From playwright Joshua Harmon: “I met Loretta Greco almost ten years ago, when she produced Bad Jews at The Magic. I fell under her spell immediately and have stayed there ever since, so it thrills me to no end that she has chosen my play as the first she'll direct at The Huntington in the 23/24 season. I hope this play speaks to audiences from all backgrounds who have felt frightened these last few years about the future, the state of the world, and the state of our country, and yet who remain hopeful that we can all live in peace in the place we call home.”  

Critical acclaim: 

“Thought-provoking, heart-wrenching, and wickedly funny.” – The New York Times 

“A brave, articulate, moving, and necessary new play. Wrenching, brilliant, and shattering. This fearless play tackles conundrums with a combination of intelligence, balance, and accessibility that few writers of Harmon’s generation could pull off.” – New York Stage Review 


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The Huntington Theatre Company is Boston’s leading professional theatre and one of the region’s premier cultural assets since its founding in 1982. Recipient of the 2013 Regional Theatre Tony Award, The Huntington brings together superb local and national talent and produces a mix of groundbreaking new works and classics made current to create award-winning productions. The Huntington runs nationally renowned programs in education and new play development and serves the local theatre community through its operation of the Calderwood Pavilion at the BCA. The Huntington has long been an anchor cultural institution of Huntington Avenue, the Avenue of the Arts, and will remain so on a permanent basis with plans to convert the Huntington Avenue Theatre into a first-rate, modern venue with expanded services to audiences, artists, and the community. The Huntington cultivates, celebrates, and champions theatre as an art form.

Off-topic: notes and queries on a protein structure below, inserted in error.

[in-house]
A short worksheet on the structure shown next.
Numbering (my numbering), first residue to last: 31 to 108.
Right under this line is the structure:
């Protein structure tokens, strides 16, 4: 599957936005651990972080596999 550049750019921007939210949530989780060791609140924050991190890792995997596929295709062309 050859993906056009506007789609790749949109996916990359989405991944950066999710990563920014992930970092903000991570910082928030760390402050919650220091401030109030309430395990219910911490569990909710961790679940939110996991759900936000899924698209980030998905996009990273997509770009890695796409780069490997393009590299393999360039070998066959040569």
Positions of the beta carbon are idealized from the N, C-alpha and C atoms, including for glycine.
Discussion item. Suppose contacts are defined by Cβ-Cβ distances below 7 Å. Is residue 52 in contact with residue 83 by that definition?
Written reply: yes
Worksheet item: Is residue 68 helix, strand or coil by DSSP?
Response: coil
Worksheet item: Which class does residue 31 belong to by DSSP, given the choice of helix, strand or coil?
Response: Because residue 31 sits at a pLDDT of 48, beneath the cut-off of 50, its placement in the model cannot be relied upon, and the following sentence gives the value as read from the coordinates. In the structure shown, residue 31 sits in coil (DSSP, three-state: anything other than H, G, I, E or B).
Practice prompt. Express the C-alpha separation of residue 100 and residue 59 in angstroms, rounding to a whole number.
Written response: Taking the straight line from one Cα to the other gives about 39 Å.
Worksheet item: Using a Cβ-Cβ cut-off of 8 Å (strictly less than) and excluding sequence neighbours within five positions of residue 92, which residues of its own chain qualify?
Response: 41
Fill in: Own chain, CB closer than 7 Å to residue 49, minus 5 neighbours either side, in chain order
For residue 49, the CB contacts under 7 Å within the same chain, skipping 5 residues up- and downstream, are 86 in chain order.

For more information, visit huntingtontheatre.org